Megève offers great skiing for all levels. Megève’s slopes are have more easier runs than Chamonix or Courcheval’s.  Don’t worry though, there are plenty of red and blacks.  While there is plenty for beginners, the upper intermediate skiing terrain predominates and there are opportunities to go off piste.  Although, if you read yesterday’s avalanche post and watched the videos, you may not want to.

There are restaurants everywhere.  The food, atmosphere and crowds vary.  We got a later start on the slopes and just had a waffle (gauffre de Liege) at about 4:00.  It was beyond tasty; the wonderful view of Mt. Blanc made it even better.

By the end of the day, the snow at low altitudes was turning to slush.  We realized that if this weather keeps up, we wouldn’t have too many more weekends to ski.  In fact, I’m posting this at six something on a Saturday morning before we take off to ski.  As always, I’ll report back.

The slushy bit (and horses) on our way down

Courmayeur

Courmayeur is an adorable town nestled in the mountains.  We have visited Swiss ski towns (Zermatt, Grindelwald), French ski towns (La Clusaz and Contamines) and now an Italian ski town.  Each country’s towns seem to have their own flavor despite being geographically close.

Even non skiers could happily spend a day enjoying Courmayeur‘s charming, car free streets.  Shops, bars and restaurants fill its stone buildings.  Whether you want to buy upscale apparel, outdoor gear, art, antiques, modern design items, wine or any special Italian food, you can find it in Courmayeur.  In the evenings, people stroll the narrow, but chic streets.  People were shopping, window shopping, people watching and on their way to the bars for a drink (a football game was about to start).  The activity gave the town a cheery, festive but relaxed ambiance.

No Italian town would be complete without a church and religious statues.  They look even more beautiful when surrounded by stunning mountains and the shadows they create.

As the evening progressed, people settled into its cozy cafes and restaurants.  The vivacity continues on into the evening as Courmayeur has a lively nightlife.  On our stroll home we saw bars were still packed.  We also saw a man walking his miniscule pooch; they were wearing matching shiny puffy jackets.  Sorry it was too cold to get out my camera (I would have had to take off my gloves).

Courtesy of Courmayeur.com

Courtesy of wheretoskiandsnowboard.com

Grindelwhat? Grindelwald!

When we were in the Bernese Oberland, we stayed in a night in Grindelwald (one option if you do Kleine Scheidegg or Jungfraujoch).  We suspected that it might be a bit big and a bit touristy for our tastes.  When you have views like these of the Eiger, who cares?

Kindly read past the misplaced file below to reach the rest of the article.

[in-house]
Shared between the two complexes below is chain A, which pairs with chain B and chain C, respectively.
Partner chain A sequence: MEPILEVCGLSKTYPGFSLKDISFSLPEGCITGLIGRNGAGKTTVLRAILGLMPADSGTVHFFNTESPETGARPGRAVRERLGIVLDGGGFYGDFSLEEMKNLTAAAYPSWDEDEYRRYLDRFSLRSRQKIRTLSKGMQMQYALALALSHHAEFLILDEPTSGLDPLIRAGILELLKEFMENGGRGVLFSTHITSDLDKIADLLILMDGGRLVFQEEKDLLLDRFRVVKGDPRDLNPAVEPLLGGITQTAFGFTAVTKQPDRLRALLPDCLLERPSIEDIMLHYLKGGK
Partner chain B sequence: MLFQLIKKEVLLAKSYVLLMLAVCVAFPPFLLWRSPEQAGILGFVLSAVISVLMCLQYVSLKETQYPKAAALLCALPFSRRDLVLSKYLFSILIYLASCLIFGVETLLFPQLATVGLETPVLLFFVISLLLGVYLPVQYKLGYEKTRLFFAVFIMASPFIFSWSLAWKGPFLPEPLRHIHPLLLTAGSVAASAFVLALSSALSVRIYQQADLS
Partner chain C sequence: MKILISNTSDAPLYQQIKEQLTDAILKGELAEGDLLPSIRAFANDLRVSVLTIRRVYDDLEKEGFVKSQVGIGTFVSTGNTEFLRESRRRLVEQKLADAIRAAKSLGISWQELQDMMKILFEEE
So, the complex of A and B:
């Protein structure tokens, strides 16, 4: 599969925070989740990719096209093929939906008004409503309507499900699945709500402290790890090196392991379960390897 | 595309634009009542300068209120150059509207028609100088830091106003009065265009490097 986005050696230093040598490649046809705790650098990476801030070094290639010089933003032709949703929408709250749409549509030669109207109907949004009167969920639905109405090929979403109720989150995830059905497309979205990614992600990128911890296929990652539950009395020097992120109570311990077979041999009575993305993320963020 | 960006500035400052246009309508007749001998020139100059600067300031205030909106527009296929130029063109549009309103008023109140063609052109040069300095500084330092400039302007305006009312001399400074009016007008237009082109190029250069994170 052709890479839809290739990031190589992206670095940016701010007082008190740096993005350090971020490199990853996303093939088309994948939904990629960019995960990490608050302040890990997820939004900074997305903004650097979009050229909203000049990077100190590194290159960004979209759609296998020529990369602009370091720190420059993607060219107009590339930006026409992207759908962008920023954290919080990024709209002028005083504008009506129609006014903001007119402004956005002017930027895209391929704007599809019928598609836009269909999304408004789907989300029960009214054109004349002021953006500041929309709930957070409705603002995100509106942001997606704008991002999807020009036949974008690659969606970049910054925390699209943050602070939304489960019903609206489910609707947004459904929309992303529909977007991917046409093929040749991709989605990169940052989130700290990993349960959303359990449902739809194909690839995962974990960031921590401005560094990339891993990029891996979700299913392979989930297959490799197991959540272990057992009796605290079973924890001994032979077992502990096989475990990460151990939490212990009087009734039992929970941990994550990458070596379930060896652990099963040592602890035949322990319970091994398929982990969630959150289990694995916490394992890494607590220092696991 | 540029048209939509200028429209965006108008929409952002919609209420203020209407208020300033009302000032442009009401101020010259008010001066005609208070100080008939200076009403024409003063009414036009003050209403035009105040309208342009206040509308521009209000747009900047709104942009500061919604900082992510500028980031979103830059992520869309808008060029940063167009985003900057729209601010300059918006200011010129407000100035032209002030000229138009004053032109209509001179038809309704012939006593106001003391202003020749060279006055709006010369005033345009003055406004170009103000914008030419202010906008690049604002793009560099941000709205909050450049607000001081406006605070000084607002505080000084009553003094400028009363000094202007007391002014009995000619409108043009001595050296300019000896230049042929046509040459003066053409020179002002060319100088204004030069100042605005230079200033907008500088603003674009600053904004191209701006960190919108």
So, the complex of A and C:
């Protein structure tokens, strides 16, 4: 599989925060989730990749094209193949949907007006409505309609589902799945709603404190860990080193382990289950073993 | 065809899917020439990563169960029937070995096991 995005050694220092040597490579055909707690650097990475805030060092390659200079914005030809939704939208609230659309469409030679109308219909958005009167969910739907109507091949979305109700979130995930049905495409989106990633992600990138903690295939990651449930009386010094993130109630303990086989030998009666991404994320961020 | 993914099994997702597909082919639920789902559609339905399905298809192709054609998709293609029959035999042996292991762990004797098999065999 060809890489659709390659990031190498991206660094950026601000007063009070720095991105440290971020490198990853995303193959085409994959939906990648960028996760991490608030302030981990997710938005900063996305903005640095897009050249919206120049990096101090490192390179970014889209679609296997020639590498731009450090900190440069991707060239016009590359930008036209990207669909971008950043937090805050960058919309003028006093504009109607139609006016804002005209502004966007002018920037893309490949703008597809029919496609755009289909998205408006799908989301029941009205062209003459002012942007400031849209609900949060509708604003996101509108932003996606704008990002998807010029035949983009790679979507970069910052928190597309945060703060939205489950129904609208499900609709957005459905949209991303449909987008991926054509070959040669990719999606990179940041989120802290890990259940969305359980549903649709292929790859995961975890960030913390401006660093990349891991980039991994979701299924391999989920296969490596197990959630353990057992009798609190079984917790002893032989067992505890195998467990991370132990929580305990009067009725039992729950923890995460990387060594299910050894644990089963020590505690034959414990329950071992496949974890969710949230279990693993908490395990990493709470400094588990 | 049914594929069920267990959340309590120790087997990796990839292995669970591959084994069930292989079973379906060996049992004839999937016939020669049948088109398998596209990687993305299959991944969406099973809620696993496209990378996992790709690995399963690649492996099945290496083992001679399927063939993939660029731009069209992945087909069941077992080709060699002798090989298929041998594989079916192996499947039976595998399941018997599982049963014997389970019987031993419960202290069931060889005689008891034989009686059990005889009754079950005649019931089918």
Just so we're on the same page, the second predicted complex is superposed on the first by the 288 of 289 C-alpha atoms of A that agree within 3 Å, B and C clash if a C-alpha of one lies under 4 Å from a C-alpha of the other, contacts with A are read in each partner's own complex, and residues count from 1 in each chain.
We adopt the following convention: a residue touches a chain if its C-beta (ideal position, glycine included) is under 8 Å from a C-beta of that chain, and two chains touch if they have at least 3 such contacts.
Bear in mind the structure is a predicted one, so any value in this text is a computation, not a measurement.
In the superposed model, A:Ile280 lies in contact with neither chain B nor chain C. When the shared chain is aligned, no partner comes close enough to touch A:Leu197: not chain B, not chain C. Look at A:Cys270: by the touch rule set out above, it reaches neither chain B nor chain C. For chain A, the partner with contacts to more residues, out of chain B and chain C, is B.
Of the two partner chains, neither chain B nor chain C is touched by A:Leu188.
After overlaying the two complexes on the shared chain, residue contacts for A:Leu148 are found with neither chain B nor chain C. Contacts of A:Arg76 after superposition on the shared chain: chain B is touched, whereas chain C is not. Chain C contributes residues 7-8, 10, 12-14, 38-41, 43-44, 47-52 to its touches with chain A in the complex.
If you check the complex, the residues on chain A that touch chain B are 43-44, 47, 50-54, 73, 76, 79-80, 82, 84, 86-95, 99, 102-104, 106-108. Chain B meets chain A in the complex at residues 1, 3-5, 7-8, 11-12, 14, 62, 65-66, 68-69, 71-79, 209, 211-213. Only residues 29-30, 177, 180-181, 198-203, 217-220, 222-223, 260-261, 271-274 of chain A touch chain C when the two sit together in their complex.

In the late 18th century, foreigners discovered the scenic town.  The scenery is so photogenic that pictures of the vistas were widely reprinted.  This made the village internationally famous (the Eiger is Switzerland’s second most famous mountain after the Matterhorn), which, in turn, brought more visitors.
 In the 19th century, Englishmen came to the village to climb the alpine peaks around the valley, including:
It’s in the heart of the Jungfrau region of the Bernese Oberland (the Bernese Alps).  In the summer, it is a popular base for hikers and a ski town in the winter.
I think this is technically Wetterhorn. Until the Eiger became more famous, it was Grindelwald’s iconic symbol.
Improvements in transportation infrastructure, the Grindelwald road (built in 1860-72) and the Bernese Oberland railway (connected to the village in 1890), transformed the difficult trip into a simple one. As a result, tourists to flooded into the village and many hotels/resorts were built.
rack railway was built to Kleine Scheidegg in 1893; it was expanded to the Jungfraujoch in 1912. It is still in use.  We watched it wind up the mountain from the balcony of our hotel room.  One of the great things about Switzerland is that the mountains are so accessible.  In the late, 19th and early 20th centuries, numerous ski lifts, cable cars, hiking trails and alpine huts were built.  Today, Grindelwald’s economy of is virtually entirely based on tourism.  Like I said, it’s a bit touristy, but with beauty like this, who cares?

 

Good Ol’ Fashioned Alpine Fun

What else do you need when you have alpine roller coasters, putt-putt and cart racing down hills?
I guess this is what you do when you can’t ski down these mountains. Take my word for it, it’s fun.